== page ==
not expecting much.
Aside from the hummingbirds who drank
like frat boys at my backyard bar
I’d had no success with luring birds.
A week passed, maybe three.
The lonely net bag
swung on its nail
a miniature gallows
mocking my maternal skills through the blinds.
I’d already let my expectations fly
resigned myself to feeding failure.
In the middle of a random day a great chatter
overtook the yard. Feathered women
fought over bargains in Filene’s basement.
There were red and yellow breasted ones
sophisticates in shades of gray
and ones with rust chapeaux.
The phrase “boardinghouse reach”
suddenly made sense.
Now I study the language of tails
from the comfort of my rocking chair.
Out of Temper, Out of Tune
Out of Temper, Out of Tune
Piano’s out of temper, piano’s out of tune.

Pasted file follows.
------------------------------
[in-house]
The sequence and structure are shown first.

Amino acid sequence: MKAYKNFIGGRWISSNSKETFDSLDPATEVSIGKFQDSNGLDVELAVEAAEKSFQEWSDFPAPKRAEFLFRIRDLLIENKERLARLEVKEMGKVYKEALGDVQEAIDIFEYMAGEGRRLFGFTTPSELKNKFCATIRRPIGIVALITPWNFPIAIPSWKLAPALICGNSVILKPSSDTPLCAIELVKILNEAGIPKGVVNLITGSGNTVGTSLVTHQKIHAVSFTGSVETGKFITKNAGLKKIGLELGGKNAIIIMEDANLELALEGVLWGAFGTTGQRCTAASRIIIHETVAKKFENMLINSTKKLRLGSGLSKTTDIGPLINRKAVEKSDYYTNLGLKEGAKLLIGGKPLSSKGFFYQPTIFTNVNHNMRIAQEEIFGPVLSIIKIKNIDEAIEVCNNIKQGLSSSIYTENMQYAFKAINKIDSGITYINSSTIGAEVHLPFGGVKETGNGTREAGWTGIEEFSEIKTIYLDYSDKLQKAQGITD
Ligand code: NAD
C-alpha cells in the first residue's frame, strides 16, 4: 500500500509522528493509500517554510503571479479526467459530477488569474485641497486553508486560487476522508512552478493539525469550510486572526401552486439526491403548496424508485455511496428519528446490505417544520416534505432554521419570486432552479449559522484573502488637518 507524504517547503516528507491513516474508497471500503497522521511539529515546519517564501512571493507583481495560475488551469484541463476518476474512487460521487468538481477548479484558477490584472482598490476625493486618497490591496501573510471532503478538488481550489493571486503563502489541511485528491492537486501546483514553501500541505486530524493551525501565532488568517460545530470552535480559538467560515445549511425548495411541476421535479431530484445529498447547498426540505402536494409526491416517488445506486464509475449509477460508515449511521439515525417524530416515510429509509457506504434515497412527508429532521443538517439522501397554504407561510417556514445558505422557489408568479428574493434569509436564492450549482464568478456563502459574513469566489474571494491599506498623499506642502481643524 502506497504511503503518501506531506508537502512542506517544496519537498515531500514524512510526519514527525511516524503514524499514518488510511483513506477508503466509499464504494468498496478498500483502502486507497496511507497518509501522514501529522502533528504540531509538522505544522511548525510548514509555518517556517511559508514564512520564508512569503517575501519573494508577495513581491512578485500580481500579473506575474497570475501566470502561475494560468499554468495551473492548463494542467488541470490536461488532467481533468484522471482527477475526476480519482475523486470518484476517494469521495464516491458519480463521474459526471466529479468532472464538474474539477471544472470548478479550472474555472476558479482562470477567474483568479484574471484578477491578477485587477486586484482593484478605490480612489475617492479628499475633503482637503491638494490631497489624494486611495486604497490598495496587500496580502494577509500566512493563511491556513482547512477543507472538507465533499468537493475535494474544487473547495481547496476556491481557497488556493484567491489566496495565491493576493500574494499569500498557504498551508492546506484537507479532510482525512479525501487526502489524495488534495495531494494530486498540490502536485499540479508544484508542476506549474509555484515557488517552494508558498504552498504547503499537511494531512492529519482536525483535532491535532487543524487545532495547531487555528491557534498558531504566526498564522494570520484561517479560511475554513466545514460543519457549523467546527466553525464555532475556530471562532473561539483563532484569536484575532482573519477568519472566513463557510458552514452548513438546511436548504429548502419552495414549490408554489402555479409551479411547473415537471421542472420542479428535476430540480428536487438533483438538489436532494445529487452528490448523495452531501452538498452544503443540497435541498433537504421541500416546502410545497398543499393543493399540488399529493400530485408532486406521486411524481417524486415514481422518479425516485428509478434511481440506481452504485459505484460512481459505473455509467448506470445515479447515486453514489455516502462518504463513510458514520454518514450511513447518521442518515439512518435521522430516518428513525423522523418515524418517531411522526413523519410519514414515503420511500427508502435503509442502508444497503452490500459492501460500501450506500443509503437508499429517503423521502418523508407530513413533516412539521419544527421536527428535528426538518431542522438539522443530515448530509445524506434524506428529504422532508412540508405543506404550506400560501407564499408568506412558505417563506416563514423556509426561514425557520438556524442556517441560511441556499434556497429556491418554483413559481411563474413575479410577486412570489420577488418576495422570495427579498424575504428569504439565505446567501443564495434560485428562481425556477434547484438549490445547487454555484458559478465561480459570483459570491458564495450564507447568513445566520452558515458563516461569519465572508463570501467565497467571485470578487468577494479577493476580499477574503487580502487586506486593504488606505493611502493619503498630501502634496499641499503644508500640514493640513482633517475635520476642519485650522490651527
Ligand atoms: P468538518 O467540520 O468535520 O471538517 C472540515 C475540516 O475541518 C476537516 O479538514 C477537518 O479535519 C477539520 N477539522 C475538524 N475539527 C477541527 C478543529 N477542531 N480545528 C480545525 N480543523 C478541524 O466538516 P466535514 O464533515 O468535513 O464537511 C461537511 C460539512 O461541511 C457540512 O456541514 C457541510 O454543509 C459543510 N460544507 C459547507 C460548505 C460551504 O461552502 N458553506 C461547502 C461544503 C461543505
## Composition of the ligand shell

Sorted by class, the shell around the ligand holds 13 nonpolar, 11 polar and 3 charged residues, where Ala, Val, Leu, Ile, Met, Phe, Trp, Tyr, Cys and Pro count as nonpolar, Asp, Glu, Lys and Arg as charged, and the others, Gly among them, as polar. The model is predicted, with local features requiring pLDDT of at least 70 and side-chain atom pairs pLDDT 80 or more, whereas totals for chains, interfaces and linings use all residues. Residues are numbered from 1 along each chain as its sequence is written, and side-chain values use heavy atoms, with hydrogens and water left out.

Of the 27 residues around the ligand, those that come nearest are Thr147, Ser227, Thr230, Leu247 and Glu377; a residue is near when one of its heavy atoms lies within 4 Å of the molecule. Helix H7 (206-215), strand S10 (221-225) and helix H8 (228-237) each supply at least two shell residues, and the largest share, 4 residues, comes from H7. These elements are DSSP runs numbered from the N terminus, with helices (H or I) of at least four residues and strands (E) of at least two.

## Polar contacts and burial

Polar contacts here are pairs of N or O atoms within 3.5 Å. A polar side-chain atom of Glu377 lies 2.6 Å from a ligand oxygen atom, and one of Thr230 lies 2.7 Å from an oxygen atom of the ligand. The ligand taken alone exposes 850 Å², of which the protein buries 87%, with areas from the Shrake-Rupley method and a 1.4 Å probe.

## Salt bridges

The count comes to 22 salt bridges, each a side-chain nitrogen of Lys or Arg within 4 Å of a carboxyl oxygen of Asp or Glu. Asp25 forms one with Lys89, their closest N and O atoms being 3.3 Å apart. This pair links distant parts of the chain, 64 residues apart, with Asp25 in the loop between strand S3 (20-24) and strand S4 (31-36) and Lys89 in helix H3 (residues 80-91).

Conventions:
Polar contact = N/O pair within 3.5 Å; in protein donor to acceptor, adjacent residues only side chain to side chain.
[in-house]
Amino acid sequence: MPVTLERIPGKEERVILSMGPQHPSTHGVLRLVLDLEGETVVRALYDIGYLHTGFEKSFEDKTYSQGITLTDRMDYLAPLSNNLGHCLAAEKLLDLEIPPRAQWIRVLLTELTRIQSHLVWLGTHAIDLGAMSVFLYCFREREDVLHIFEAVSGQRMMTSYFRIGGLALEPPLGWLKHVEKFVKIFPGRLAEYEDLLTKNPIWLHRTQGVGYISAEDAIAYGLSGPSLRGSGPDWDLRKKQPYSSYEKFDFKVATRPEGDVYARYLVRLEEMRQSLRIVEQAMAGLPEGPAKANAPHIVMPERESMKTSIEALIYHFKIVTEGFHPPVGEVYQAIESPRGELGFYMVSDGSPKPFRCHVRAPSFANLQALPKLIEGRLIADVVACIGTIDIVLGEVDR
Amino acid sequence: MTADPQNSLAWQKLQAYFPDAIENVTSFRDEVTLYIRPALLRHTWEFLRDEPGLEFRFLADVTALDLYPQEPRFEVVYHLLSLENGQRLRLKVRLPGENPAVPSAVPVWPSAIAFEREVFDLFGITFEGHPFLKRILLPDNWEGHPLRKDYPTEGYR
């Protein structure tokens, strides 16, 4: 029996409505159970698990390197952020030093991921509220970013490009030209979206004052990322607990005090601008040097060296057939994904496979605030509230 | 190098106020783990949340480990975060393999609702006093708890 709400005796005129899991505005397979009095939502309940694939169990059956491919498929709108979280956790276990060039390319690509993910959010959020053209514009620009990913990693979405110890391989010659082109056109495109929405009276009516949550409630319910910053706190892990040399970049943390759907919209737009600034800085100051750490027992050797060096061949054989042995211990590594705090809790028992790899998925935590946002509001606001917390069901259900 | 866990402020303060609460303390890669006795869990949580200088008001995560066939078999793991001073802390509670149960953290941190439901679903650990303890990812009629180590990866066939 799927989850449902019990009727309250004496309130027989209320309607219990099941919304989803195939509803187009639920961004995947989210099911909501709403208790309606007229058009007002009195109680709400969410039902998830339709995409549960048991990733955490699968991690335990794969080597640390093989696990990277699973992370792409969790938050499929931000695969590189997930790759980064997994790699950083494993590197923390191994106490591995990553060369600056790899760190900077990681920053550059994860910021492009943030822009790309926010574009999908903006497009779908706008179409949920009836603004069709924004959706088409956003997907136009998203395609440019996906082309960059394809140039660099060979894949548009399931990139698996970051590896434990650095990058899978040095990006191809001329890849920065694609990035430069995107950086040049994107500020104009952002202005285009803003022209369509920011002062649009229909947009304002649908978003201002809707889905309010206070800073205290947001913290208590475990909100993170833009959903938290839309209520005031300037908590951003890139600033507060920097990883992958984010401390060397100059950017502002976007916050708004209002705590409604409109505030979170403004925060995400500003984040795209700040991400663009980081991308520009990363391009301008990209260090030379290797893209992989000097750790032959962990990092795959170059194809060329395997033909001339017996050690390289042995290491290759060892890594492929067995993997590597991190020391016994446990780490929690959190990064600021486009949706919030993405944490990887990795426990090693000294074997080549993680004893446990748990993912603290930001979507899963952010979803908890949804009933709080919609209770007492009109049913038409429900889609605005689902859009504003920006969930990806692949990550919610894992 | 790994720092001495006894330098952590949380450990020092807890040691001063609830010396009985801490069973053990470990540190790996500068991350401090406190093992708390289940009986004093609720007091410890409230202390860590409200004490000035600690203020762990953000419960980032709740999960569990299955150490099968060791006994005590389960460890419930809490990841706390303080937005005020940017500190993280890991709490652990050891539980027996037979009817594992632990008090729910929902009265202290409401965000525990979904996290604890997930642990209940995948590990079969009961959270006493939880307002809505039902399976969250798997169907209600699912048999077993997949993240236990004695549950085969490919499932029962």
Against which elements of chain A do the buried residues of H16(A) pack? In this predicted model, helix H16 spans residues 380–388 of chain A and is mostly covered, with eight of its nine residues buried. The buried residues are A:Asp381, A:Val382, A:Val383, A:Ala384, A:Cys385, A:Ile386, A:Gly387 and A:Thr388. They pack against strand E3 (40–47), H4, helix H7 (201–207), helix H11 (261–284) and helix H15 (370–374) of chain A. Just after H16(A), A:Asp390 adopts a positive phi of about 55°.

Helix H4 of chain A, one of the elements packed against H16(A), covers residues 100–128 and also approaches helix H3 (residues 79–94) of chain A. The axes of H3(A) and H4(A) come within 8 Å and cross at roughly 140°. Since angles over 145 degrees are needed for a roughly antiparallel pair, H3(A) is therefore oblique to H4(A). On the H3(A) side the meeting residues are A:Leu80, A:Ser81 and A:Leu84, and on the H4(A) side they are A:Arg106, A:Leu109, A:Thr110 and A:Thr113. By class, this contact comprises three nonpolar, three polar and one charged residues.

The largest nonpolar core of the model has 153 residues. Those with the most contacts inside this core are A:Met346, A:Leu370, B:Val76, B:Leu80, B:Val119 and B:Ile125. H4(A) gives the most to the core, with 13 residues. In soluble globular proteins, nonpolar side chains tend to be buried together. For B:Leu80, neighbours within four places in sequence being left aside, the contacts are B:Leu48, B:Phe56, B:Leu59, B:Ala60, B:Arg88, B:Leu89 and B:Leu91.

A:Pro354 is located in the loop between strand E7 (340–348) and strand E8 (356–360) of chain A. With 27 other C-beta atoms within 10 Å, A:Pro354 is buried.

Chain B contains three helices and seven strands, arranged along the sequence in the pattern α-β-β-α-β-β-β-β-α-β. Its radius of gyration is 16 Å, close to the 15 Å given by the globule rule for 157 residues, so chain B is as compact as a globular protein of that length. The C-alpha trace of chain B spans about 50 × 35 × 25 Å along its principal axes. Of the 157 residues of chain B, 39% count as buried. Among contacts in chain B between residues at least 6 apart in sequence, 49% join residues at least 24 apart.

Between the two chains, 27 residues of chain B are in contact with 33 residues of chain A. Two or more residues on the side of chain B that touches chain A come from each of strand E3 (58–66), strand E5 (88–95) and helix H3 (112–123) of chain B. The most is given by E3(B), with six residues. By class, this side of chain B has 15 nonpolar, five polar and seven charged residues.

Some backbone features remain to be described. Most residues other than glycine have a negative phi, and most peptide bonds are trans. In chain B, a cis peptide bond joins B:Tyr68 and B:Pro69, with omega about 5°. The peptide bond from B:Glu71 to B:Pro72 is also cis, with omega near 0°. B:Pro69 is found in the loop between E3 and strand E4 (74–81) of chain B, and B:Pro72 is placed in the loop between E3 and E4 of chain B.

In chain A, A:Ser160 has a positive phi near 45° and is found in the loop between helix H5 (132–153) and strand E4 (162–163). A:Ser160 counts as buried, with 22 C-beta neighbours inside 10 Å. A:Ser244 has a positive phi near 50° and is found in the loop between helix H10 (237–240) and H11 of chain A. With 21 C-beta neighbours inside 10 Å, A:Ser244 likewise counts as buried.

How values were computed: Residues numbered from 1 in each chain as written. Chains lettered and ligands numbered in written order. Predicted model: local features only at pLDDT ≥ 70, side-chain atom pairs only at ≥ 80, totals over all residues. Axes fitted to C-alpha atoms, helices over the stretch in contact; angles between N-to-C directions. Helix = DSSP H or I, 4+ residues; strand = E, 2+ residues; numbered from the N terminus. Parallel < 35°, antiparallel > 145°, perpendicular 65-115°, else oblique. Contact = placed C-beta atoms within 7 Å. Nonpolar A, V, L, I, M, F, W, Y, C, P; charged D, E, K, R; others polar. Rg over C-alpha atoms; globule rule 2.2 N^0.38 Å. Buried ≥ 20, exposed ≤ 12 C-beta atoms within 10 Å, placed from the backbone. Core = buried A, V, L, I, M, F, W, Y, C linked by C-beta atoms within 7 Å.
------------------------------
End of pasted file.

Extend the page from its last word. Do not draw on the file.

She clangs instead of sings, I don’t want to play with her.
Mister Tuner, his black leather bag,
long strips of red felt, dampers and fork,
will bring us together again.
He starts in the middle, tempers the octave
expands the fourths, contracts the fifths,
like a crossword puzzle of cheating tones
so the highs and the lows will blend with the middles
when he’s done.
He seems to bang the keys, not musical at all,
and in his other hand, a funny lovely wrench,
rosewood handle, cranks the pins a tiny bit
tight, a little too tight, a tiny bit looser.
I don’t know what it is he hears.
Eighty eight keys, two hundred twenty two strings,
all needing to vibrate at their own perfect speed
so the bad temper will sweeten again to beauty.
In the end it does, and it makes me wonder,
isn’t there such a craftsman
for our human relations?
Someone who knows exactly how far
to tweak each of us
to render the whole chord of us
from cacophony to harmony?